- Total revenues increased by 11% to £1,332.5 million.
- Legal completions of 6,855 new homes increased by 7% over the prior year with an average selling price 4% higher at £194,378.
- Underlying basic earnings per share increased 43% to 78.6p.
- Consented land bank increased to by 5.3% to 92,404 plots.
- Return on average capital employed increased to 27.5% (2014: 21.7%).
Returns to shareholders:
The group aims to return £6.20 per share, or £1.9 billion of capital, to shareholders over a ten year period to June 2021. Total surplus capital of £2.40 per share, or £733 million, has now been paid. The fourth instalment is scheduled for early July 2016 and will be finalised with the full year results.
The private sales rate is 5% ahead of the same period last year with cancellation rates remaining at low levels. The current order book, including legal completions, is now 12% ahead of last year at £1.71 billion. 6,149 new homes have been sold forward into the private sale market which is 11% up on last year with an average selling price of c. £213,000, a 3% increase.
Nicholas Wrigley, Persimmon's Chairman, commented:
"The UK economic recovery continues to progress. With stronger employment in the UK being supported by further growth in job creation, the improvement in real disposable income over the last twelve months is helping to support and improve customer confidence. This creates a positive backdrop for the housing market across the regions…I remain confident of the future successful development of the Group."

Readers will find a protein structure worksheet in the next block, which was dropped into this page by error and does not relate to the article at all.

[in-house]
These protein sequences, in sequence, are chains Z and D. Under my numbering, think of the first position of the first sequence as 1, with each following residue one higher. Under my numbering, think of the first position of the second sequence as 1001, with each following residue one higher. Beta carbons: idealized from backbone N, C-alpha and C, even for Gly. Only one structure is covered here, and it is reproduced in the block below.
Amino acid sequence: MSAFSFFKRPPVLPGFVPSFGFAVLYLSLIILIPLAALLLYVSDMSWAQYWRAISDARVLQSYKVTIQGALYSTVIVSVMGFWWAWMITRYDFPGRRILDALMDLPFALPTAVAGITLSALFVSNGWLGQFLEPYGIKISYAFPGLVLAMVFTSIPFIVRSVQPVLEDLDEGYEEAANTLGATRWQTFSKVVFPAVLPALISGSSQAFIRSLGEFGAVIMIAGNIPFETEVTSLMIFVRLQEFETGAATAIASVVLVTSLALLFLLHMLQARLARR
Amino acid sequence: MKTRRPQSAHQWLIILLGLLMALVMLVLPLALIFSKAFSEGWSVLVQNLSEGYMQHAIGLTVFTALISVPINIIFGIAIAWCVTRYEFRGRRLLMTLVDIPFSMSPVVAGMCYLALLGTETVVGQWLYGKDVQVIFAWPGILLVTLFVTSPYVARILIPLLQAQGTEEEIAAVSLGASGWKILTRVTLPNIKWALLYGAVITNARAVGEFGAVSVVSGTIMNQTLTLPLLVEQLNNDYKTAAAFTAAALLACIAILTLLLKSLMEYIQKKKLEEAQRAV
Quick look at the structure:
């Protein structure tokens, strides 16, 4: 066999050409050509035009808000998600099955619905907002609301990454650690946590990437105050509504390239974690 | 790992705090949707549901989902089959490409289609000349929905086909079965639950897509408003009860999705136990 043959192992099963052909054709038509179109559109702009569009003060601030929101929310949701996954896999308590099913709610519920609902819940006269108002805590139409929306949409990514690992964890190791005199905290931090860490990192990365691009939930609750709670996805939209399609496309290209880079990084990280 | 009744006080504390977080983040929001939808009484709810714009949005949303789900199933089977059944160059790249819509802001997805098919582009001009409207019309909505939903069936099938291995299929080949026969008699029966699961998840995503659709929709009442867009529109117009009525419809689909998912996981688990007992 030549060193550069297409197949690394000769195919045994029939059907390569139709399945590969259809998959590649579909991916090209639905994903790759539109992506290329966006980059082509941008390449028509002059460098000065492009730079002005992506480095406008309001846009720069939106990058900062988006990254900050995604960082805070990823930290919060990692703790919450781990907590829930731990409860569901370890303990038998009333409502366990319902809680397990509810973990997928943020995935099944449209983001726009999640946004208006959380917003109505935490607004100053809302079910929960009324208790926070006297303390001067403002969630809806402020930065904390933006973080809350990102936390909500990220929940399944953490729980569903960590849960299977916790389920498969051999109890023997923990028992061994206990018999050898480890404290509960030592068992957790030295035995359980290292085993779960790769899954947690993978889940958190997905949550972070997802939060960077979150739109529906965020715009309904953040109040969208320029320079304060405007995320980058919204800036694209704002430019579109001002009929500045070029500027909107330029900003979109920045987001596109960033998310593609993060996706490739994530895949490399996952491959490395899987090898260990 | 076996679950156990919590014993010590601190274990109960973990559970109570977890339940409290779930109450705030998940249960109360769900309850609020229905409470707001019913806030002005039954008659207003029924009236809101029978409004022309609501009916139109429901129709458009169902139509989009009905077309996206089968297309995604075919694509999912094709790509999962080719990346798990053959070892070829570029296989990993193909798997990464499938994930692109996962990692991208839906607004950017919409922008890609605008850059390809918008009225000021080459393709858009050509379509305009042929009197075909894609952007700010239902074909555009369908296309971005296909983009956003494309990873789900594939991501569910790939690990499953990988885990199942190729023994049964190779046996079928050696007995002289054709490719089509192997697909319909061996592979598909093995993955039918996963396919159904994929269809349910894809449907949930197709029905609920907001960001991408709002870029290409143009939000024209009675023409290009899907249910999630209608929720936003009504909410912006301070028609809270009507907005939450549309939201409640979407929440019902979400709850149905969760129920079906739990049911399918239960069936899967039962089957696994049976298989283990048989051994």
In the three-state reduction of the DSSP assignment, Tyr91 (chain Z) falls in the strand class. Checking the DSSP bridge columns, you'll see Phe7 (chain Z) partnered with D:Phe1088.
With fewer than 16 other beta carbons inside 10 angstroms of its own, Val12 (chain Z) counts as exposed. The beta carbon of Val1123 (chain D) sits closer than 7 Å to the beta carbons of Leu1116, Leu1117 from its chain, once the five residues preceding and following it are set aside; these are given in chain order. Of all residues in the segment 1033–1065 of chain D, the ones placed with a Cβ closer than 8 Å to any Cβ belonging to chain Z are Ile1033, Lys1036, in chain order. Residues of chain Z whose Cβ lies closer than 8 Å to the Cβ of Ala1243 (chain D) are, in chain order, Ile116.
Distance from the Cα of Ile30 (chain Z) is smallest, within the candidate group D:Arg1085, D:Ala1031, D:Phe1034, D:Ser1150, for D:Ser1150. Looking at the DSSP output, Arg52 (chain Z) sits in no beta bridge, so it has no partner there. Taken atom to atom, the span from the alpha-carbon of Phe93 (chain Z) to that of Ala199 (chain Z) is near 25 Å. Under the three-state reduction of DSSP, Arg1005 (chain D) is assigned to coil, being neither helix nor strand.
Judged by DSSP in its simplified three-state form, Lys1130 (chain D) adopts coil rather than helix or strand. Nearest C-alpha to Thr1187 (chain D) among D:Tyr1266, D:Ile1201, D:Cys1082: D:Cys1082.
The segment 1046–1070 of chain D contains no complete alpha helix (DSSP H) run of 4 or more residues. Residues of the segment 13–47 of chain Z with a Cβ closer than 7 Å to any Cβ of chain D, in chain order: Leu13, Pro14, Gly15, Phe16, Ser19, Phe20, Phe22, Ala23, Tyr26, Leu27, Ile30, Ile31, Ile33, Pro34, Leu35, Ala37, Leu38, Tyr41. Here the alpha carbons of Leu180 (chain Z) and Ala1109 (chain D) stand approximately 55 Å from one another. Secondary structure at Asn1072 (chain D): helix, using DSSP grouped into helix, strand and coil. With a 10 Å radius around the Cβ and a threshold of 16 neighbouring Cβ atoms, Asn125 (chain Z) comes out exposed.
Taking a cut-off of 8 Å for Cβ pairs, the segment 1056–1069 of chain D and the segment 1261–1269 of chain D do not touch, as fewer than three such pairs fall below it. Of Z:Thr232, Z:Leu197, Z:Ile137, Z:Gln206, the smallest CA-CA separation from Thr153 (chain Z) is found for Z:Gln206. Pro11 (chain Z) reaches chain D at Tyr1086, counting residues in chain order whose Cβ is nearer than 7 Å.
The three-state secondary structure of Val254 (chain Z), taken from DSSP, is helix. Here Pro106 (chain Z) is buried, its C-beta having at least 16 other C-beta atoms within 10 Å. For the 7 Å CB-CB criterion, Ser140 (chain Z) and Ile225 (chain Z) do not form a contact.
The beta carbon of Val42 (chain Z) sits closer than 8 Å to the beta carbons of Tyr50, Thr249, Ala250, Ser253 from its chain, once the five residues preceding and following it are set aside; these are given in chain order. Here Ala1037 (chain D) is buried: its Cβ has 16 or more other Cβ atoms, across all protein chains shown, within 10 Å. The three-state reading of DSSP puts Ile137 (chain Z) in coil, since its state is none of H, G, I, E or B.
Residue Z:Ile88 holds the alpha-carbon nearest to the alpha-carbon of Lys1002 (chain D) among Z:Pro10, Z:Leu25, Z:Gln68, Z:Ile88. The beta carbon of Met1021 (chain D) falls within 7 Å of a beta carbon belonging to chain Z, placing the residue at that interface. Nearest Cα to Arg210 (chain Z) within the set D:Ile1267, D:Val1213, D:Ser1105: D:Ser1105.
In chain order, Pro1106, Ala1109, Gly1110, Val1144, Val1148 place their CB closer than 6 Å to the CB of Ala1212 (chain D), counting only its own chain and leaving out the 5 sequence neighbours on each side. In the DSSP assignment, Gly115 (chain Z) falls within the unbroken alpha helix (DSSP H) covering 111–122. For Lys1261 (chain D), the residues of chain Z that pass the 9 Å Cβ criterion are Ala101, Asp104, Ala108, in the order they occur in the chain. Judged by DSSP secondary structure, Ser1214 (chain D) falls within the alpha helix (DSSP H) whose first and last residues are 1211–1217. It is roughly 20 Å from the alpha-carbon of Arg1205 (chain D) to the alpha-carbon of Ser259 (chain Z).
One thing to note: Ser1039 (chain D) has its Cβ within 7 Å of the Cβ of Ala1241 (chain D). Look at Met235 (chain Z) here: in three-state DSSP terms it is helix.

Read more share research from Hargreaves Lansdown
The housing market is being supported by rising disposable incomes, low mortgage rates and government schemes such as Help-to-Buy, which are encouraging more people to get onto the housing ladder. The first interest rate rise looks to be edging closer, but it is difficult to see rates rising significantly. The Bank of England will be wary of choking off the UK’s economic recovery by pushing rates too far, too fast.
Land prices remain affordable, which is supporting margins, cash flows and returns of capital to shareholders. However, there are signs that other cost pressures are starting to build. Bovis Homes said that material and labour costs were up 7% in its half year results, outstripping house price growth. There is nothing in Persimmon's half year results to suggest that costs are getting out of control, but this is something to watch.
With the house building sector trading at significant premium to book value, share prices are likely to be vulnerable when the next housing downturn arrives. Persimmon commands a price to book (P/B) ratio of 2.7x, which is around double its long run average and a 29% premium to the sector. For now, market conditions remain favourable, suggesting the house builders' purple patch could last a while longer.
Register to receive Persimmon share research updates direct to your inbox for free
This article is not advice or a recommendation to buy, sell or hold any investment. No view is given on the present or future value or price of any investment, and investors should form their own view on any proposed investment. This article has not been prepared in accordance with legal requirements designed to promote the independence of investment research and is considered a marketing communication. Non-independent research is not subject to FCA rules prohibiting dealing ahead of research, however HL has put controls in place (including dealing restrictions, physical and information barriers) to manage potential conflicts of interest presented by such dealing. Please see our full non-independent research for more information.